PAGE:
Contracts (Individual Study)
Contracts (also called "individual study") are a means by which students can meet individual needs not otherwise addressed within the regular curriculum. There are two graduate contract options: graduate individual learning contracts and graduate internship contracts. Some students are required to perform a credit generating internship before they can graduate, while others may choose to perform an internship contract or an individual learning contract to pursue experience and/or knowledge not available through the normal course work.
The maximum credit amount that may be awarded for a MPA graduate contract is 4 credit hours per quarter (except for a Capstone contract).
Overall, MPA students may apply a maximum of 12 credit hours of graduate contracts (combination of internships and individual learning contracts) toward their degree. (policy changed in July 2015: removed 4 credit graduate internship credit maximum)
When a student’s academic program design cannot be satisfactorily completed through the available elective courses and internships, the student may arrange a Graduate Individual Learning Contract with a faculty member. This is a negotiated agreement between the student and faculty for the student to pursue individualized study. In most cases, due to limitations of faculty time, the burden of the academic design and undertaking is on the student, with the faculty primarily assisting as a guide and mentor. It is the faculty’s responsibility to ensure that sufficient work is assigned for the number of credit hours desired. Students who believe they will need and benefit from a Graduate Individual Learning Contract should consult their faculty and the MPA Director for advice on the appropriateness of such an undertaking and for suggested faculty sponsors. MPA students will be required to submit Individual Learning Contracts (ILC) and Internship (INT) contracts with all approvals to the Director by Friday of Week One of the contract quarter.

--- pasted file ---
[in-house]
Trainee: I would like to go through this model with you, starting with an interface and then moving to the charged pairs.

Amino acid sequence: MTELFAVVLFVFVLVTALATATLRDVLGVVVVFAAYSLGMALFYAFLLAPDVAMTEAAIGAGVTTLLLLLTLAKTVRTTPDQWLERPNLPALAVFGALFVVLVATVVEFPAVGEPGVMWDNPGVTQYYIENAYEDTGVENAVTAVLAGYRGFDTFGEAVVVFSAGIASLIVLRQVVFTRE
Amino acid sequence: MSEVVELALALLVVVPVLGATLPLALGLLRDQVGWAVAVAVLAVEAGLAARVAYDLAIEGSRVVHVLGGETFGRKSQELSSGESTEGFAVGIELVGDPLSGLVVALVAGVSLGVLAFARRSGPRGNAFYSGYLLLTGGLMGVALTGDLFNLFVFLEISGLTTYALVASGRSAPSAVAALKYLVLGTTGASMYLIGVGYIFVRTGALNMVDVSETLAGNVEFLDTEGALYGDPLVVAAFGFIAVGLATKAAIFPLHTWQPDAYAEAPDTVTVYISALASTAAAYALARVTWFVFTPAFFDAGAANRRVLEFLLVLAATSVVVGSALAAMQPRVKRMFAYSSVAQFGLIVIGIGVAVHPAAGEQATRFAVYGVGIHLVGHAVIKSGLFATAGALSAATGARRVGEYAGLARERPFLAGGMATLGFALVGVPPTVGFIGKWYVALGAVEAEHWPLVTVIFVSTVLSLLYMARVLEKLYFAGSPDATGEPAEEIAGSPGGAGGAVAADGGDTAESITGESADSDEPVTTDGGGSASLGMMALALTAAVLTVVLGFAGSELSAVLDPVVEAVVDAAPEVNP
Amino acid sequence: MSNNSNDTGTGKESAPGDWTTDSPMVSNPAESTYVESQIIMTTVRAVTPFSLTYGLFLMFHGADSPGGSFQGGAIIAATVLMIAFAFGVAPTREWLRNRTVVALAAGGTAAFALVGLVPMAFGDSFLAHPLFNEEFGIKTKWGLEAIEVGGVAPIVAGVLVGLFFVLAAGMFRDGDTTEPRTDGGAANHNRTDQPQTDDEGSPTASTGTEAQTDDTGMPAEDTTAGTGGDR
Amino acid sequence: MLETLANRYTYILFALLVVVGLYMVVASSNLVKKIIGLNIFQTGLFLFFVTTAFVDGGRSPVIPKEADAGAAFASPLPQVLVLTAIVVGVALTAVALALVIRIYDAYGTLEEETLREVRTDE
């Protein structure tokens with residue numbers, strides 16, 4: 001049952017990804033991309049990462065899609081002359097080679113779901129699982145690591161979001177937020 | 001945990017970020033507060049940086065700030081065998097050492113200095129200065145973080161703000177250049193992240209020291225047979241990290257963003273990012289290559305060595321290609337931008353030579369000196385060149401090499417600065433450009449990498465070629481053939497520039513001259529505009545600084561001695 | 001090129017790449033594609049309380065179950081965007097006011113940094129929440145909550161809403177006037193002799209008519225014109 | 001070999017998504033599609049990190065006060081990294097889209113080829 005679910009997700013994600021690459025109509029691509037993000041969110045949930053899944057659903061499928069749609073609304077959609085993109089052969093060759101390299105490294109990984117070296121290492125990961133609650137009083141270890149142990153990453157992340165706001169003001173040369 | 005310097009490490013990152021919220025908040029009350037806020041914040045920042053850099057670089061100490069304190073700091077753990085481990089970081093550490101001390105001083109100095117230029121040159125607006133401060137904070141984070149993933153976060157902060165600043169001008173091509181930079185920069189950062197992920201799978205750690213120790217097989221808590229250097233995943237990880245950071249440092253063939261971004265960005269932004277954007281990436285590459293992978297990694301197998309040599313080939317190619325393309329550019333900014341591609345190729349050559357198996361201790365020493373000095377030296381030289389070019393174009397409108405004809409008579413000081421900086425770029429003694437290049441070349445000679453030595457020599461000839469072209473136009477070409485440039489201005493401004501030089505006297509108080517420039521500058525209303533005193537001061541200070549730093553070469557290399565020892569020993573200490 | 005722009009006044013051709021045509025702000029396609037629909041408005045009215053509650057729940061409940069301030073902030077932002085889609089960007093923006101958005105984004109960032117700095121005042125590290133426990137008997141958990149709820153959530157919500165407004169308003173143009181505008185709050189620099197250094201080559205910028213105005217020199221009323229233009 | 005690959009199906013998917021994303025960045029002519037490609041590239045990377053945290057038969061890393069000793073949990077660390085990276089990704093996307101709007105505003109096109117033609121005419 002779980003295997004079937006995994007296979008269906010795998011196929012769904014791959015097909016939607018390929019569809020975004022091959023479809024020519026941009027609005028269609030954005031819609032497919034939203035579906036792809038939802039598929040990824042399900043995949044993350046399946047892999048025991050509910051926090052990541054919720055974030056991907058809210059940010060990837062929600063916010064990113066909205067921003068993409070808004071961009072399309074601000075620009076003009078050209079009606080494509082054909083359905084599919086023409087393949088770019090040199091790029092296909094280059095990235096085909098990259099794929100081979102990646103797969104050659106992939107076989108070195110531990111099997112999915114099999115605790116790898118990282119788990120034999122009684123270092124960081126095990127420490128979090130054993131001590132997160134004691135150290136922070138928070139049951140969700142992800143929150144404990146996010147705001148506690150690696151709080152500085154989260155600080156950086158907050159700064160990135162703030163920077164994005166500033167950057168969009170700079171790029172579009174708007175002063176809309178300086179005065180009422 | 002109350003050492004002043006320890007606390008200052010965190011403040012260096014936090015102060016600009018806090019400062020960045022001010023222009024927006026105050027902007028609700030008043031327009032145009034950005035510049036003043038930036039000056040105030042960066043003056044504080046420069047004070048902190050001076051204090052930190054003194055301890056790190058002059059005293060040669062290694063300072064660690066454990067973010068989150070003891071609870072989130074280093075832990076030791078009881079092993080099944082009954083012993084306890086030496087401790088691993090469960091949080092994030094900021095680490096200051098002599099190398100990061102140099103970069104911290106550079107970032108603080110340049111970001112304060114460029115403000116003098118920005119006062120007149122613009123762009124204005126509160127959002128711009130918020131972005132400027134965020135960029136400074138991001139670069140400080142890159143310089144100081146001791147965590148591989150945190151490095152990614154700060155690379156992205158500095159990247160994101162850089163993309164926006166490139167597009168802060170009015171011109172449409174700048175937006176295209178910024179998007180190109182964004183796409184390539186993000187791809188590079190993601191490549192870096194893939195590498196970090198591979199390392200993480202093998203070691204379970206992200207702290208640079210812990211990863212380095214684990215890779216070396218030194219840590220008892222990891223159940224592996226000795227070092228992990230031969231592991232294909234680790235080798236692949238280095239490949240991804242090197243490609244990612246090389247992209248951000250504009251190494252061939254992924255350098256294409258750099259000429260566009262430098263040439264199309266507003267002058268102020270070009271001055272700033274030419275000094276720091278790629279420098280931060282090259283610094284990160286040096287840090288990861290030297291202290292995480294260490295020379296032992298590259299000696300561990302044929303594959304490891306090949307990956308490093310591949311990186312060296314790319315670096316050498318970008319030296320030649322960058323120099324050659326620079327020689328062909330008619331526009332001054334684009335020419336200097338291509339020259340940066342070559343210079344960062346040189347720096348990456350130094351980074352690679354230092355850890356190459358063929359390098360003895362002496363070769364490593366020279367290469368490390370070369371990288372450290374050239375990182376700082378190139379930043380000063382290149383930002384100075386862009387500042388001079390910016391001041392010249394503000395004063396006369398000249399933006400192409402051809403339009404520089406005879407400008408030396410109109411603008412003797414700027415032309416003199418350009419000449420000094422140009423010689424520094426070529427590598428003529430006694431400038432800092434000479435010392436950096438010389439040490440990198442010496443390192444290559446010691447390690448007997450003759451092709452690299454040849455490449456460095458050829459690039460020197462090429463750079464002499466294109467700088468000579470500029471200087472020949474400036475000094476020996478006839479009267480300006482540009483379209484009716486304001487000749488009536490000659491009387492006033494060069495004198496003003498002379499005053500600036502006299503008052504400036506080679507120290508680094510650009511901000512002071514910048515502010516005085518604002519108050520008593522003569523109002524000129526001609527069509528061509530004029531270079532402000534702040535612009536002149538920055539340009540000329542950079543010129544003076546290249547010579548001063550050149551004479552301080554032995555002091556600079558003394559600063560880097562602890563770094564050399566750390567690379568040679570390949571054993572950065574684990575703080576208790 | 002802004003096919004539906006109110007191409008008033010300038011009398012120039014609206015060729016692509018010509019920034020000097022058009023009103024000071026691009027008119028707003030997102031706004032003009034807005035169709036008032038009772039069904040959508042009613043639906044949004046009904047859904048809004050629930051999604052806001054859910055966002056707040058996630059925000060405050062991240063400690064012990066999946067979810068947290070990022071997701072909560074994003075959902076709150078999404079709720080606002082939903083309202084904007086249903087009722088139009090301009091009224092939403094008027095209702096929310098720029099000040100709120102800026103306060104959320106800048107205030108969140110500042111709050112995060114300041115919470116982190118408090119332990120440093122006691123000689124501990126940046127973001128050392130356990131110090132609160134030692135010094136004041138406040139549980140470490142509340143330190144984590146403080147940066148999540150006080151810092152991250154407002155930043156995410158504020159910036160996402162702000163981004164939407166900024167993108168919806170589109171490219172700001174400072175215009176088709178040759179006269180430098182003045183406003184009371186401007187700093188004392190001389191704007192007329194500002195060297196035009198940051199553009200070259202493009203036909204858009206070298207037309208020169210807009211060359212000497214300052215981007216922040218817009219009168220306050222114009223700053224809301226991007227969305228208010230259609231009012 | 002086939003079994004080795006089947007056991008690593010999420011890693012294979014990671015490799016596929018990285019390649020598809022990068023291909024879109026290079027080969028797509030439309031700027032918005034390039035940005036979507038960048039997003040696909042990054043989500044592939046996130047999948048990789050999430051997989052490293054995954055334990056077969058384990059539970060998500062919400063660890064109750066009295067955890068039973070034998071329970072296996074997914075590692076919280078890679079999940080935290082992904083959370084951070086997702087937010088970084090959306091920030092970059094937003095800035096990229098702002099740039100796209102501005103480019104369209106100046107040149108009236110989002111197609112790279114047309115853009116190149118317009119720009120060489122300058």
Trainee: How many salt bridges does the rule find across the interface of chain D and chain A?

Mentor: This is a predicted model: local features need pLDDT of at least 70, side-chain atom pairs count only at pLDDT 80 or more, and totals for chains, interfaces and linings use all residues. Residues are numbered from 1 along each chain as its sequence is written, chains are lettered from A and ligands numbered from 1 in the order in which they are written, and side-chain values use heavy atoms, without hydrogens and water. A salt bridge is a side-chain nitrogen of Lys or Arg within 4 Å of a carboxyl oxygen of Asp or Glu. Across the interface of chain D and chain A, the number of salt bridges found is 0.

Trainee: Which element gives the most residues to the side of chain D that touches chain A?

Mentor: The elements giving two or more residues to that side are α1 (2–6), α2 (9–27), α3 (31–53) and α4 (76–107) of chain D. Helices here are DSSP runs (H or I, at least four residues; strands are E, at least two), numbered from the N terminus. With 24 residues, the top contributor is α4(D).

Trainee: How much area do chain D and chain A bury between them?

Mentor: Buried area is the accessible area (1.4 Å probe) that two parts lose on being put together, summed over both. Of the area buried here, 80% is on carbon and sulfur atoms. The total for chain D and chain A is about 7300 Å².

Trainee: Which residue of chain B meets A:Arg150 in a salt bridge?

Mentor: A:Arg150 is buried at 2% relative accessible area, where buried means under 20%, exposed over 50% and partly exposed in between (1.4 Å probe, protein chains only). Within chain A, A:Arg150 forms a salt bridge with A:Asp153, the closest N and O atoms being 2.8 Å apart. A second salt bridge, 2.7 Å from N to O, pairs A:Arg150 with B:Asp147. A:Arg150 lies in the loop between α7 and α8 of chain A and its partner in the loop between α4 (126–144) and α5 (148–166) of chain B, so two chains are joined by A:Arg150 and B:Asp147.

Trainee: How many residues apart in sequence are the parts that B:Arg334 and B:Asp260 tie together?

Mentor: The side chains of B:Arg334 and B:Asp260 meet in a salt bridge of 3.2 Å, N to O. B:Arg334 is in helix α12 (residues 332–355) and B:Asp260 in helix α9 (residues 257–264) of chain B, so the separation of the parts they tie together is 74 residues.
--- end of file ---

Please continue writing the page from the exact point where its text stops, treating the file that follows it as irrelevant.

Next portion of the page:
The individual learning contract process is a web driven process. The final contract is approved by the student and the faculty sponsor and must be approved by the MPA Director before the student registers.
It is important that students have an opportunity to become oriented to the MPA program before undertaking an individual learning contract. Students must complete one (1) quarter of MPA first year core coursework before registering for an individual learning contract, so that typically students must wait until the Winter quarter of their first year to undertake a graduate individual learning contract.
Contracts may be sponsored by continuing and visiting faculty members who are either currently teaching in MPA or regularly teach in Evergreen graduate programs.
A student registering for a contract and internship in the same quarter with the same instructor must merge the two activities into one graduate internship contract. The Registration Office will not allow one faculty member to sponsor more than one contract per quarter with the same student.